For Scott, the work is very rewarding and she is particularly interested in utilising steelpan’s ability for fostering cultural awareness through the culture of T&T. “I absolutely love my home country and its culture,” notes Scott, “I looked at this project as an opportunity to share that culture first-hand with the kids.” Getting to know the students of the individual steelbands on a deep and personal level has been a central element of the Peace Drum Project steelband and a core component of Scott’s teaching.
“The kids are really invested in the project. It is simply magical to witness. They share a bond for playing music together and they have a mutual love for the steelpan.” For many parents, seeing their child happy and engaged in learning is rewarding; yet, the impact of the Peace Drum Project moves beyond the kids and trickles back their parents. According to Scott, “When the parents see and hear their kids making music on an instrument with such a unique timbre, it is something that opens up their hearts and minds”
One might think that a Trinidadian directing a steelband comprised of Jewish and Palestinian students would present challenges in terms of finding suitable repertoire. Not so, says Scott, who teaches music from a variety of genres and cultures including Trinidadian, Arab, Hebrew, and American music. “The kids are exposed to so much diversity in their own culture that they are extremely interested in playing music of any genre,” said Scott. Her teaching methods, too, are diverse in their delivery and Scott balances traditional Trinidadian rote learning and teaching on music literacy. “It is very important for the kids to learn and comprehend music theory because with this knowledge, they can begin to compose and arrange music on their own and have a better understanding of the music they are playing.”
The Peace Drums Project Steelband are in Vienna, Austria to help that city celebrate the 500th anniversary of the establishment of the Lutheran Church. The band will perform today at the Musikverien, one of the most prestigious concert halls in all of Europe. The concert will feature the Peace Drums Project steelband performing alone and joining forces with a local symphony orchestra. In addition to this
performance, the event will also kick off the start of the latest part of Harvey Price’s efforts to use pan to foster peace. Peace Drums Vienna is an initiative launched by the Johann Sebastian Bach Musikschule of Vienna to get youth from the newly-arrived Syrian refugee community paired with local Viennese youth playing in a steelband together.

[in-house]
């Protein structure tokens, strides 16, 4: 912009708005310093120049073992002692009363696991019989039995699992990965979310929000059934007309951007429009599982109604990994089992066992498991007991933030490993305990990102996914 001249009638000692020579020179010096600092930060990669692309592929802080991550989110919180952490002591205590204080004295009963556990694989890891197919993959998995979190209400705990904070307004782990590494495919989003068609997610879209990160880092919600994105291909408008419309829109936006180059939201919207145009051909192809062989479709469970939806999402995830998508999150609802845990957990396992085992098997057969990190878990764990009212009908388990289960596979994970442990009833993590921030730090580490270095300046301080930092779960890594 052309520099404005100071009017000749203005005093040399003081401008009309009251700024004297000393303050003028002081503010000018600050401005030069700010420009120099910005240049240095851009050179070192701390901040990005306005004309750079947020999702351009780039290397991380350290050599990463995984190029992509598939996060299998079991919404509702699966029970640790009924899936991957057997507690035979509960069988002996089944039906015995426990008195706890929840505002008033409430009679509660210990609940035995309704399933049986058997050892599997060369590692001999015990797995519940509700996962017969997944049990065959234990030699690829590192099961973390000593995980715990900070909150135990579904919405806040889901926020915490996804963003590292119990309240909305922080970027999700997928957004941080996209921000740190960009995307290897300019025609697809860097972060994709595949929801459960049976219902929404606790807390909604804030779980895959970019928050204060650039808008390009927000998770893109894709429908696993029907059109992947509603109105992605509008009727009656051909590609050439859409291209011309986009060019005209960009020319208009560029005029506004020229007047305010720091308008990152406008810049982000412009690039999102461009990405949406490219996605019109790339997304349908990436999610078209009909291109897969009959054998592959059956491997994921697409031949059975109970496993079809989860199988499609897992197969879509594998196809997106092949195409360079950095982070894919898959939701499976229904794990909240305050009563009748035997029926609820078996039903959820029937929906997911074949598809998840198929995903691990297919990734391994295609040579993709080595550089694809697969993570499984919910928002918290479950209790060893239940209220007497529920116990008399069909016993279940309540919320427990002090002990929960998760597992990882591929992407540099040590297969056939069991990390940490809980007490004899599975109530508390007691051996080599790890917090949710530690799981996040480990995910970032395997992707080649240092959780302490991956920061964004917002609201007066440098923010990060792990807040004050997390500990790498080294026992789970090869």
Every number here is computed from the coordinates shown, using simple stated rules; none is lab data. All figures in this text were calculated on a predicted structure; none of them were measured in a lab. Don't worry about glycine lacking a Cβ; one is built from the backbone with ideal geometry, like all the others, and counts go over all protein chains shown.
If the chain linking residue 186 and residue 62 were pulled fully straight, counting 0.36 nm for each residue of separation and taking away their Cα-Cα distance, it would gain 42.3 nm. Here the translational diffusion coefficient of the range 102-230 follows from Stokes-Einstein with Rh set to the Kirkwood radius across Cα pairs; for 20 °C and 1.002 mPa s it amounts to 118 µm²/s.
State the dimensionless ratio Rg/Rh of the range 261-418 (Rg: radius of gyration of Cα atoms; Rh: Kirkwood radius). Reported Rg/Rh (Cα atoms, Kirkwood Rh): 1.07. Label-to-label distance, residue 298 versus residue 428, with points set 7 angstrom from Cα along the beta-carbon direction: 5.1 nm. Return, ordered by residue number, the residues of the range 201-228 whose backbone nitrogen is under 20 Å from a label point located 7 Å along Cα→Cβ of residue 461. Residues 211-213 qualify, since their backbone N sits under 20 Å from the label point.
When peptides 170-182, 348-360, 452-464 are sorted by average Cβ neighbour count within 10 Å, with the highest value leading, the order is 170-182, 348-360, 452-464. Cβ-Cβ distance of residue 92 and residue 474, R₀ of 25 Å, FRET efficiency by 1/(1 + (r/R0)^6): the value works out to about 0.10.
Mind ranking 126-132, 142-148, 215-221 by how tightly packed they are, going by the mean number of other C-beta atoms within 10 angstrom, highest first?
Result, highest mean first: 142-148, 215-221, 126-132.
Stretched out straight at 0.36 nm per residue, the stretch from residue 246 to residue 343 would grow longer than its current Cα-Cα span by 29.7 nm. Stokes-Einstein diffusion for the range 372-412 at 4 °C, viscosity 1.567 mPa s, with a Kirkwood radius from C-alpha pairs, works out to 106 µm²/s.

What began as Harvey Price’s hope and vision in the Middle East has clearly turned into a successful program of cultural outreach and understanding in only a few short years. Key to this success is the unique culture and sound of steelbands, and Price believes using an instrument that isn’t exclusively tied to Jewish, Arab, Christian, or Muslim culture has been an advantage. “Everyone is fascinated by the instrument [steelpan], fascinated by the sound and timbre, and the response has been unbelievable.” Price and his supporters are keen on expanding the Peace Drum Project into other schools in Israel as well as seeing what the new group in Vienna will produce.
Price and Briele Scott also hope to bring the Peace Drum Project steelband to Trinidad so that the members can experience the home of steelpan and Trinidadians can hear and see how their gift to the world is working to change it for the better.
• Ray Funk is a retired Alaskan judge and a Fulbright scholar who is passionately devoted to calypso, pan and mas. Dr Andrew Martin is an ethnomusicologist, percussionist, pannist, and Professor of Music at Inver Hills College in St Paul, Minnesota.